Canadian study examines immune response and vaccine
HAMILTON, Ontario, June 03, 2021 (GLOBE NEWSWIRE) – The Government of Canada, through its COVID-19 Immunity Working Group and Vaccine Surveillance Reference Group, is supporting a new pan-Canadian study that will examine the immune response to COVID-19. 19 vaccine in the South Asian community. About $ 1.5 million is being invested in this study, which will seek to understand vaccine confidence and reluctance in this population that has been disproportionately affected by COVID-19.
South Asian communities in Canada are the fastest growing ethnic group in Canada and are among the populations most at risk of contracting COVID-19. South Asians have a five to ten times higher risk of infection with SARS-CoV-2 and a 1.5 to two times higher risk of death after infection with SARS-CoV-2, compared to White Canadians.
The study of 3,000 South Asians from the Greater Toronto Area (GTA) in Ontario and the Greater Vancouver Area (GVA) in British Columbia (BC) will seek to understand whether these ethnic differences can be ‘explain by unique socio-cultural factors, such as multigenerational households, occupational factors such as essential work, and biological factors such as pathophysiological differences in susceptibility or response to infection and vaccination.
Participants in the study – called COVID COMMUNITY-South Asian – will also include those from previous studies in the GTA and GVA led by the Population Health Research Institute (PHRI) at McMaster University and Hamilton Health Sciences.
âOur study is a prospective cohort study, which means that we recruit participants from community vaccination clinics held in South Asian ‘hot spots’ such as Brampton and the rest of the GTA, and we follow up in time to gather contextual information, including their living and working conditions, information on access to clinical care and health care, âsaid Sonia Anand, principal investigator of the study. Anand is Professor of Medicine at McMaster, Vascular Medicine Physician at Hamilton Health Sciences, Principal Investigator at PHRI, and Director of the Chanchlani Research Center at McMaster. “This is a more targeted approach to conducting a study, rather than ‘after the fact’ approaches, such as ethnic inference by last name or zip code in participant data,” he said. she declared.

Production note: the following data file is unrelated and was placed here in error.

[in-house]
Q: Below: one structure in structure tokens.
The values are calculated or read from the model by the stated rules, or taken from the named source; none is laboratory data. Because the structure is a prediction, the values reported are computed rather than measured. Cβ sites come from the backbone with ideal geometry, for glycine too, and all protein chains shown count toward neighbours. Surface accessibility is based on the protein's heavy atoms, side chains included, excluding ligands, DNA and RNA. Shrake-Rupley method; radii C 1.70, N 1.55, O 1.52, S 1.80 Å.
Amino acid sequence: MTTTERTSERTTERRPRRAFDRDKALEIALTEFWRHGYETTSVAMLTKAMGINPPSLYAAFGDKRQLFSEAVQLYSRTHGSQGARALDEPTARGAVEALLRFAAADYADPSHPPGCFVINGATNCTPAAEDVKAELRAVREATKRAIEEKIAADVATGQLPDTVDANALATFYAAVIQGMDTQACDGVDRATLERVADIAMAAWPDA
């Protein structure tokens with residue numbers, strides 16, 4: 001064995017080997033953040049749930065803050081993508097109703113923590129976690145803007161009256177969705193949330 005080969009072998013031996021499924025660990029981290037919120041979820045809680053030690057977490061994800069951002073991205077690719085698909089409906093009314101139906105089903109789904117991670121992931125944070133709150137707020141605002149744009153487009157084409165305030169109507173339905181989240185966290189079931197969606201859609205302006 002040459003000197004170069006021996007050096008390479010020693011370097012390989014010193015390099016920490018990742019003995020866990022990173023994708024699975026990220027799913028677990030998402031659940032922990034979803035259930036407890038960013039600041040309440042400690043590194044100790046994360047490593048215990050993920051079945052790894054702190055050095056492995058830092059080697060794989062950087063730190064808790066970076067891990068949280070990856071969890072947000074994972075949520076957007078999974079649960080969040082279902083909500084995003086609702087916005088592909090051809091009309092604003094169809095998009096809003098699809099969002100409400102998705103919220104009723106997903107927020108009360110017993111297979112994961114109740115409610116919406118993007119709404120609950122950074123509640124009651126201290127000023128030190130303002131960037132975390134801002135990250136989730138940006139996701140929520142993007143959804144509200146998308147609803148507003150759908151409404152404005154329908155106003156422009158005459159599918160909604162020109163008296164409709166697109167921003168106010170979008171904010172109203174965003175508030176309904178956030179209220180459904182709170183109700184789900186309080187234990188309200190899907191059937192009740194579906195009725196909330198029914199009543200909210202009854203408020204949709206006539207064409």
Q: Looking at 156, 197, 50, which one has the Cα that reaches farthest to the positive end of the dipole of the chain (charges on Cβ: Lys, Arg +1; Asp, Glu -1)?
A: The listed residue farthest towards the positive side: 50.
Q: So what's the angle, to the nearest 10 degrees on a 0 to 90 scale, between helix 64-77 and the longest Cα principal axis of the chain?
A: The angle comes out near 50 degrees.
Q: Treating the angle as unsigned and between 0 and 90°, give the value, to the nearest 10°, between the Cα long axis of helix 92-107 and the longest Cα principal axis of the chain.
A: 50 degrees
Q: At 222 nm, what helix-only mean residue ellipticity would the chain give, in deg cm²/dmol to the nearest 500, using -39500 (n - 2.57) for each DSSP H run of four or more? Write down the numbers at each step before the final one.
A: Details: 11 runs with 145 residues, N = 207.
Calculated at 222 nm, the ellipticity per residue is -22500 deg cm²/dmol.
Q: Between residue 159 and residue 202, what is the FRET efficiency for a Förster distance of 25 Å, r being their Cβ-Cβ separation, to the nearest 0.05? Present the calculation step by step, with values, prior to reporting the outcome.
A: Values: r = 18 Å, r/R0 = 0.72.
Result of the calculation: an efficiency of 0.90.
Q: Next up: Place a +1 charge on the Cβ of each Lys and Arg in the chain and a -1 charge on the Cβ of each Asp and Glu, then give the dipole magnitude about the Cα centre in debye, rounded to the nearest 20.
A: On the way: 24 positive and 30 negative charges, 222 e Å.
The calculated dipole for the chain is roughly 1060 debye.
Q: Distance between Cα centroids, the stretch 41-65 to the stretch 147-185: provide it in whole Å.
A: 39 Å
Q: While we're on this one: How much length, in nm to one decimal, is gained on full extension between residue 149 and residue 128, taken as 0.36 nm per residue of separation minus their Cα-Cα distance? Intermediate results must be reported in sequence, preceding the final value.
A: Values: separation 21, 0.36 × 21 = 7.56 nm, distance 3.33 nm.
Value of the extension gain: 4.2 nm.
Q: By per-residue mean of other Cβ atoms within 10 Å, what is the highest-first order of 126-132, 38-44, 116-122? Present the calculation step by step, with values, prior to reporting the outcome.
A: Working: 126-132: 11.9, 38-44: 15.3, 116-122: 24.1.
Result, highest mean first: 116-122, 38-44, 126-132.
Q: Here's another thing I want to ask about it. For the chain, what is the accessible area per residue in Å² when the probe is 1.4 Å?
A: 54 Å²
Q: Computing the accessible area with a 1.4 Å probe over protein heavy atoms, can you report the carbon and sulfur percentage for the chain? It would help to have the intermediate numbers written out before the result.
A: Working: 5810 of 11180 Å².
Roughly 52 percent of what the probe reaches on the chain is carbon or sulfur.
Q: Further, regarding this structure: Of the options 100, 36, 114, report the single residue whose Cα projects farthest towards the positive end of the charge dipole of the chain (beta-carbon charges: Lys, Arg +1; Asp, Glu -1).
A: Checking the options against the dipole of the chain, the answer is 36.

âSouth Asian communities in Canada have been hit hard by the pandemic and it is essential that they understand the safety and effectiveness of vaccines. This study will also help us understand why some people may be reluctant to get the vaccine, âsaid Scott Lear, senior researcher in British Columbia and professor in the Faculty of Health Sciences at Simon Fraser University.
âIt is essential that we increase immunization for all Canadians, but we know that the South Asian community will need special attention and targeted awareness, especially given the disproportionate impacts of COVID-19 on this ethnocultural community, âsaid Lawrence Loh, Co-Investigator and Medical Officer of Health, Peel Region, Ontario. “This study will allow us to understand where there is hesitation, to use science to demonstrate the safety and effectiveness of COVID-19 vaccines approved by Health Canada, and to bring more people into the southern community. Asian to make the choice to accept this rescue. vaccine.”